The Wall Street Journal recently reported that a study of prescription patterns in 2009, conducted by IMS Health, showed that 25 percent of children in the U.S. were on regular medication.
IMS Health is a firm that provides marketing intelligence to pharmaceutical companies. The firm's job is to keep the $800 billion per year global pharmaceutical industry on a continued pattern of growth. Hopefully these consultants accomplished something quite different this week. Hopefully they provided our citizens with an overdue wake-up call.
One in four children in the U.S. are on chronic prescription medications. This doesn't even include all the prescriptions we write to treat acute illness, or the use of over-the-counter products. It is an astounding number. We either have the sickest pediatric population in the world, or there is something very wrong with the way therapies are driven in our health care system.
The WSJ article goes on to discuss some very significant concerns about the situation -- like how difficult it is to run clinical studies on children, and how much of our pharmaceutical data -- including dosing and side effects -- is drawn from adult populations and applied to children (fingers crossed!) These are serious concerns to be sure, but it's a modern version of "The Emperor's New Clothes." Those of us on the sideline are worrying if the emperor's hat clashes with his shoes, when what we should really be paying attention to -- and shouting about -- is the fact that good lord, he's naked!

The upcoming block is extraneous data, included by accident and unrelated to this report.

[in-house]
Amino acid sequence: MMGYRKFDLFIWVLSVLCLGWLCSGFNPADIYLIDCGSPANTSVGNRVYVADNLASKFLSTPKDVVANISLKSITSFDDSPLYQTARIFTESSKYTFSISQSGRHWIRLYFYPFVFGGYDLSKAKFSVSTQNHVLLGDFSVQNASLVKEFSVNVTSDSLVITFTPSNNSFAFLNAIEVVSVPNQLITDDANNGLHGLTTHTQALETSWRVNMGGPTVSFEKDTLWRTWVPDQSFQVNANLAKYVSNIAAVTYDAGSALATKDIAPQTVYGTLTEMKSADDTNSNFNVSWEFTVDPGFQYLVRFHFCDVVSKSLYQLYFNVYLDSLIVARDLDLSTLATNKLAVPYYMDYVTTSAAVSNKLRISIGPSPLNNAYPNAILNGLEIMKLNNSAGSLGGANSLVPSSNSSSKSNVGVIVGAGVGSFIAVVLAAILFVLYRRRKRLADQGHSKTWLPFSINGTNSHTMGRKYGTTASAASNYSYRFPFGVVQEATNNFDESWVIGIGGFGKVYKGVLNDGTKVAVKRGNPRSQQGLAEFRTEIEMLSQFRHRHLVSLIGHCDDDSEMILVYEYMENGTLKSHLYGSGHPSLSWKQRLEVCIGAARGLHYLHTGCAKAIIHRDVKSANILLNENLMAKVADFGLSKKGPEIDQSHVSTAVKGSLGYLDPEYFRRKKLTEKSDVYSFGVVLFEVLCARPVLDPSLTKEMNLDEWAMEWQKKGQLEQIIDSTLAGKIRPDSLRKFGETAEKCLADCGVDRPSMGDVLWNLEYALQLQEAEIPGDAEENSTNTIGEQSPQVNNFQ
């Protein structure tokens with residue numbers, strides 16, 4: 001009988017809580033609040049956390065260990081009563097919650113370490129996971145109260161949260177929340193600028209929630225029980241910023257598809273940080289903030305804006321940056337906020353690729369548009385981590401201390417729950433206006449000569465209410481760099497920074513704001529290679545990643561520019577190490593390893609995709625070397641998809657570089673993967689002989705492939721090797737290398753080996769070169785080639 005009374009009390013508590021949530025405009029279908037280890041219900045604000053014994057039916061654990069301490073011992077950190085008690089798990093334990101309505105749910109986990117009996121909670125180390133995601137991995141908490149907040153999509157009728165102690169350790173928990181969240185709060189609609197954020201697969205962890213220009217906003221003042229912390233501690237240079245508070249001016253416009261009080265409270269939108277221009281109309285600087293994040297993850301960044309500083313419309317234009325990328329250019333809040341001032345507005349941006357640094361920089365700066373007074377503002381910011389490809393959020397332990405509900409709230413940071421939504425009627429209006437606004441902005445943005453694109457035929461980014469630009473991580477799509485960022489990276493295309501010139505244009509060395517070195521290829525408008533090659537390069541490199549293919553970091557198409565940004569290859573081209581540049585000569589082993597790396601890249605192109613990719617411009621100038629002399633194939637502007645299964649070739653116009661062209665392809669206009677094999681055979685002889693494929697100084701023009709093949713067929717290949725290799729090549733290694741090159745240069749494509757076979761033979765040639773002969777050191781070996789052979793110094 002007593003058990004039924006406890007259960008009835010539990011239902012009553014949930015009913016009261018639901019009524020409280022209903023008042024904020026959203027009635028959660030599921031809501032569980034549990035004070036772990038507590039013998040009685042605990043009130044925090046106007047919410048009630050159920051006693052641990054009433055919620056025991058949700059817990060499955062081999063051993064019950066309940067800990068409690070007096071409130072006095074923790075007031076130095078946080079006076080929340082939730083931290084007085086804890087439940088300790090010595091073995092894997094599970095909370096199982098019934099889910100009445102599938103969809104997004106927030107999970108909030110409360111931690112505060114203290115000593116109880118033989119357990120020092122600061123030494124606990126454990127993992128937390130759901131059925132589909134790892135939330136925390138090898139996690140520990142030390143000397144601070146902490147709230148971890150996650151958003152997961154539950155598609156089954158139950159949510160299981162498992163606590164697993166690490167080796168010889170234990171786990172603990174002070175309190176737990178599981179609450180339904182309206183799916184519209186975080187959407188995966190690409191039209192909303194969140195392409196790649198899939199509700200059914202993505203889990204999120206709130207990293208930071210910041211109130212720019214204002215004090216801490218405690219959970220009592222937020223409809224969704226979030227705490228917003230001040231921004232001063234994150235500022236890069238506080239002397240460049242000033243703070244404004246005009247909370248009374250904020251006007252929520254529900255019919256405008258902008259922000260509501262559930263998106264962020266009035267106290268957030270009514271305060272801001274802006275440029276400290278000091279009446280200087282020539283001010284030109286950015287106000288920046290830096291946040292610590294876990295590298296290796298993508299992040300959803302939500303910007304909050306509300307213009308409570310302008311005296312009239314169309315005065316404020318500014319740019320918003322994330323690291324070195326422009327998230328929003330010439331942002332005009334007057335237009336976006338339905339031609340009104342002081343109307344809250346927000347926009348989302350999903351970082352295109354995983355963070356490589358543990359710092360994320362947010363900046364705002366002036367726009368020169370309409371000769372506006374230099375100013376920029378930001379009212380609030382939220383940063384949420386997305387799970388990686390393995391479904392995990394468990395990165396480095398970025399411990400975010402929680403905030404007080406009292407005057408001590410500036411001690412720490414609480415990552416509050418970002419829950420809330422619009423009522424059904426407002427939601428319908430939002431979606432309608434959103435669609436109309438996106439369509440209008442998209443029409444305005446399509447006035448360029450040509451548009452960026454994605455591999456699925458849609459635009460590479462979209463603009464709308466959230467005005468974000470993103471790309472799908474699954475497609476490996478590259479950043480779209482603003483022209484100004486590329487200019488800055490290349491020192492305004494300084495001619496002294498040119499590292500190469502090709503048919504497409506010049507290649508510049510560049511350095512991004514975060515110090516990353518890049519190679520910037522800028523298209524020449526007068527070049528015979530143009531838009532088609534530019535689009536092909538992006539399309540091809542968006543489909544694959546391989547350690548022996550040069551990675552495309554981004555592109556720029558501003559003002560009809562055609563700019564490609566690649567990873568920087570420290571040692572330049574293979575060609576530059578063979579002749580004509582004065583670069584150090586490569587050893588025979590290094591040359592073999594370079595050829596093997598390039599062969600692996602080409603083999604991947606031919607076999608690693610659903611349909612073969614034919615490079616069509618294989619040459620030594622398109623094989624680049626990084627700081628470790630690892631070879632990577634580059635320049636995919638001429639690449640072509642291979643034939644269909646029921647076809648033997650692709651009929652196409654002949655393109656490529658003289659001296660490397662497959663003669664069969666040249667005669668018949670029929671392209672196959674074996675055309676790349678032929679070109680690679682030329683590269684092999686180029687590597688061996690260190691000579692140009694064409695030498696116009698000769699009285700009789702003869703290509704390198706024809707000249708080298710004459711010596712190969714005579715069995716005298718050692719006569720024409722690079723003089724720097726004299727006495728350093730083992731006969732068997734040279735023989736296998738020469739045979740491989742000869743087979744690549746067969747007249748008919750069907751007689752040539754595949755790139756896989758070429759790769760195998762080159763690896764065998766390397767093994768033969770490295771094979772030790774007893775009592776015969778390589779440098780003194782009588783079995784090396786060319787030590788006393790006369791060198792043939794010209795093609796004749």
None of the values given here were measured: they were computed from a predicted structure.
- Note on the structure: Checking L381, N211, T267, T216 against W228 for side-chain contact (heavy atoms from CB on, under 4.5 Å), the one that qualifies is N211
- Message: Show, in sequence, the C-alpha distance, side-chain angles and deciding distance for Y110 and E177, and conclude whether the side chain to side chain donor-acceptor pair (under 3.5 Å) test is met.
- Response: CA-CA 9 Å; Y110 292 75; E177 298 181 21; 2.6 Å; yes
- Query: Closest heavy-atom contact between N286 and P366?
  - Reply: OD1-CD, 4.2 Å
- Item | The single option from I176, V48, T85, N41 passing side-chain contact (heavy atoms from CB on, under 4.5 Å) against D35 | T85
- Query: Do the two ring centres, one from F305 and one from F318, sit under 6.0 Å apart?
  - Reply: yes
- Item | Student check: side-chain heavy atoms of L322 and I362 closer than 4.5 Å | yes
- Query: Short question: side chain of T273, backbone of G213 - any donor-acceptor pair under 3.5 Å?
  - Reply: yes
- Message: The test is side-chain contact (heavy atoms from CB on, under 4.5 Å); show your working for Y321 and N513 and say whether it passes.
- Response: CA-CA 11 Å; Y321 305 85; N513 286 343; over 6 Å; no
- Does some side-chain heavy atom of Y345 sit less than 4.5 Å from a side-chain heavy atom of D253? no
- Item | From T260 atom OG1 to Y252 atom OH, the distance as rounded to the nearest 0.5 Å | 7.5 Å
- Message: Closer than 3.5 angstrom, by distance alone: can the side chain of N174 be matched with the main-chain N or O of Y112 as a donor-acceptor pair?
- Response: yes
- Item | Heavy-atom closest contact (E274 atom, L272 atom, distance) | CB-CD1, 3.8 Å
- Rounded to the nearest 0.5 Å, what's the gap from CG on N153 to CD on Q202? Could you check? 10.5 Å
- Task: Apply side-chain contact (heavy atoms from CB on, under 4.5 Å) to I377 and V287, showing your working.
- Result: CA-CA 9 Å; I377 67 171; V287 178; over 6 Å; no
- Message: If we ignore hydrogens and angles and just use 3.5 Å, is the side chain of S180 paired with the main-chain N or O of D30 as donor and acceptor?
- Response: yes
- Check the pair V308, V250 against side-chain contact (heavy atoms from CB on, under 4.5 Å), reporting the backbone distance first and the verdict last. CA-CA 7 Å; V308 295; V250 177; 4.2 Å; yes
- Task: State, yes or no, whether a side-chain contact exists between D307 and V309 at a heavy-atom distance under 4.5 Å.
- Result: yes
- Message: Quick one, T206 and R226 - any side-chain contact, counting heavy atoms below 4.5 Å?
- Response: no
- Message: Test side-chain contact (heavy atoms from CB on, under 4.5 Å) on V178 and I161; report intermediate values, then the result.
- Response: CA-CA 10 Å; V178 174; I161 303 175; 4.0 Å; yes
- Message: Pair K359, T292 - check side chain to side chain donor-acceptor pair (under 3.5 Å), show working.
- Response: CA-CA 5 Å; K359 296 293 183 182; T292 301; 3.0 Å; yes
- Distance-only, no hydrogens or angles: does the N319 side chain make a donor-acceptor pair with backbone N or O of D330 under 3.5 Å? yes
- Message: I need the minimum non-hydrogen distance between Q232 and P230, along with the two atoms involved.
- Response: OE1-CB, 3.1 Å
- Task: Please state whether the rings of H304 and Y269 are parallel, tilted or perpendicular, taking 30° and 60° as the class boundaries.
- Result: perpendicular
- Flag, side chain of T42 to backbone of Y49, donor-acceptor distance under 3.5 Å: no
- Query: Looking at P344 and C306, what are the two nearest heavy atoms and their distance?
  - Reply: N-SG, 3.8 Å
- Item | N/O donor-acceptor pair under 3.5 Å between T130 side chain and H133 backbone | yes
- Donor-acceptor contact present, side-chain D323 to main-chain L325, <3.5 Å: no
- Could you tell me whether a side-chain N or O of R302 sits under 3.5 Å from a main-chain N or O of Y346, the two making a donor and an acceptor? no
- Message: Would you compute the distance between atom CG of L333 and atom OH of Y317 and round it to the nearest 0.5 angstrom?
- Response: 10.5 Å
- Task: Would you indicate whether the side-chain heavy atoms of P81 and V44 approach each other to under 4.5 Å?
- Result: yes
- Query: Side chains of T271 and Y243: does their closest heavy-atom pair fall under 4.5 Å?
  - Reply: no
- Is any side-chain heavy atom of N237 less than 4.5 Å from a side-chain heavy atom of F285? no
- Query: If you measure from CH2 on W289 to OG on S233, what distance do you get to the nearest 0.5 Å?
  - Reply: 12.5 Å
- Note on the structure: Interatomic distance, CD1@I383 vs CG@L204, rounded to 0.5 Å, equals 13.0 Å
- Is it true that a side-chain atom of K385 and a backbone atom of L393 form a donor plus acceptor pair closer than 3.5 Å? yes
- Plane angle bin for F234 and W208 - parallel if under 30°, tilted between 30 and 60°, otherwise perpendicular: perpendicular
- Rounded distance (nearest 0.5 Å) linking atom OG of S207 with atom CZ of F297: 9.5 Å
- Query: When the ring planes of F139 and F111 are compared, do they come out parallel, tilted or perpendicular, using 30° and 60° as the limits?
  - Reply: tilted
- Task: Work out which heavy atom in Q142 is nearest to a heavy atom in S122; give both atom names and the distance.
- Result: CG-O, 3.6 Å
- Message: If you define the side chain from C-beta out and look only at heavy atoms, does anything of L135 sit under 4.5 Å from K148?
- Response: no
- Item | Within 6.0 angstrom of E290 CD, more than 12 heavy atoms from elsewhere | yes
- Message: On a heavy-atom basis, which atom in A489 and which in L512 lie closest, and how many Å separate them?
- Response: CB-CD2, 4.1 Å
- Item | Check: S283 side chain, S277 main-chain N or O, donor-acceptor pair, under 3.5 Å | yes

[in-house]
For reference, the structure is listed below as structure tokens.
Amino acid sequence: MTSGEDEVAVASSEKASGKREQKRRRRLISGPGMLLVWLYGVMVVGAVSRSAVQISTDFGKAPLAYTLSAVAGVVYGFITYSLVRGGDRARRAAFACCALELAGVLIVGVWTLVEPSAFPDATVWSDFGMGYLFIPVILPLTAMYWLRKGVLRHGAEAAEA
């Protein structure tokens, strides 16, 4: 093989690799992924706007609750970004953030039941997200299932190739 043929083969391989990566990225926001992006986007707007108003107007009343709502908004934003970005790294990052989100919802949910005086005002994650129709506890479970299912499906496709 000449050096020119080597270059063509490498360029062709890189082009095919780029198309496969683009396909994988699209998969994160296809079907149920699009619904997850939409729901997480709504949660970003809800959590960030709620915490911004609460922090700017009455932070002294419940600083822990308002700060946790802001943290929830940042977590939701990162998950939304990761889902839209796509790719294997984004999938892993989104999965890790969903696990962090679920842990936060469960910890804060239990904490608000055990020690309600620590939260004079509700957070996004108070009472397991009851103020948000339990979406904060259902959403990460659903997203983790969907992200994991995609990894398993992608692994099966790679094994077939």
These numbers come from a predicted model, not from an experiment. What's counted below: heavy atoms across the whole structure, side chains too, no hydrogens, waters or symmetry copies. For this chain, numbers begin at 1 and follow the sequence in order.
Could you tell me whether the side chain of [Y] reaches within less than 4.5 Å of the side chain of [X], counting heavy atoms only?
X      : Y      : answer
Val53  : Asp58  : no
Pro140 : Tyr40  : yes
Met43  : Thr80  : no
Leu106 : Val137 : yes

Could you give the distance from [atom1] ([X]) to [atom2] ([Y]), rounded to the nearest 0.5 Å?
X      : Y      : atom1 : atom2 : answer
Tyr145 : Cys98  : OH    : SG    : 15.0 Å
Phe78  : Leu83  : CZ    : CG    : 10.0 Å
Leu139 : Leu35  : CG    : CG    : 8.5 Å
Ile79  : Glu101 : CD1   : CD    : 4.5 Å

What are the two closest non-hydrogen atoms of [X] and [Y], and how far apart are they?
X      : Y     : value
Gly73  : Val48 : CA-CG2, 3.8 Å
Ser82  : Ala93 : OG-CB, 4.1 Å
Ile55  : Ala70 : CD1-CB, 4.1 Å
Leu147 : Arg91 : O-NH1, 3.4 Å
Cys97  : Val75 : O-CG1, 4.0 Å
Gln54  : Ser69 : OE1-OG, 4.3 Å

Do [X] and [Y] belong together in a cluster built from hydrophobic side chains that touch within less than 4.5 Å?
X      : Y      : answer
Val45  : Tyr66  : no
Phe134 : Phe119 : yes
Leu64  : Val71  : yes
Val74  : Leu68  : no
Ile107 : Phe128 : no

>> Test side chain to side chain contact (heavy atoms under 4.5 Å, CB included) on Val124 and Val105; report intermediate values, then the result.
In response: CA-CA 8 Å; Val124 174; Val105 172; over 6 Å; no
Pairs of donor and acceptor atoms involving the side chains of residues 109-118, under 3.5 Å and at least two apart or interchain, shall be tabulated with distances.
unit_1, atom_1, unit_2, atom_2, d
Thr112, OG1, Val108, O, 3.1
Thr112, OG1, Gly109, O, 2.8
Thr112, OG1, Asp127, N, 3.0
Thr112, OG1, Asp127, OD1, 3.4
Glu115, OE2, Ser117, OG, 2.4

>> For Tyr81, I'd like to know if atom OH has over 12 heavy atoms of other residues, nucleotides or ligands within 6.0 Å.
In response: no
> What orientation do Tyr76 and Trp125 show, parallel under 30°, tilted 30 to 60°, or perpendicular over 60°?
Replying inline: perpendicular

One in four children in the U.S. are on chronic medications!
According to IMS Health data, 45 million children are on asthma medications, 24 million are on ADHD medications, almost 10 million are on antidepressants with another six and a half million on other antipsychotics. Then there are the antihypertensives, the sleep aids, the medications for Type 2 diabetes and high cholesterol, and on and on.
Are the conditions these medications are designed for, like ADHD and bipolar disorders, real? Absolutely. Are our diagnostic criteria usually clear and well established? No.
Is the scientific information that doctors rely on for diagnosis and treatment free of bias and conflict of interest? Absolutely not.
Do our third party insurers reimburse physicians and psychologists in such a manner that mood disorders, attentional problems and other conditions in the psychoeducational realm are likely to be evaluated and managed by the most appropriate professionals? Again, more often than not, no.
Some of these children are certainly benefiting from long term medication. Optimal asthma control, for instance, can be life changing for a child. Depression is real and needs to be treated seriously. But over the broad range of approximately 100 million children taking daily medication in this country, have we consistently formulated long range goals and benefits?
Do we understand the longterm effectiveness of these medications compared to meaningful nonpharmaceutical intervention? No.
No. Absolutely not. No. No!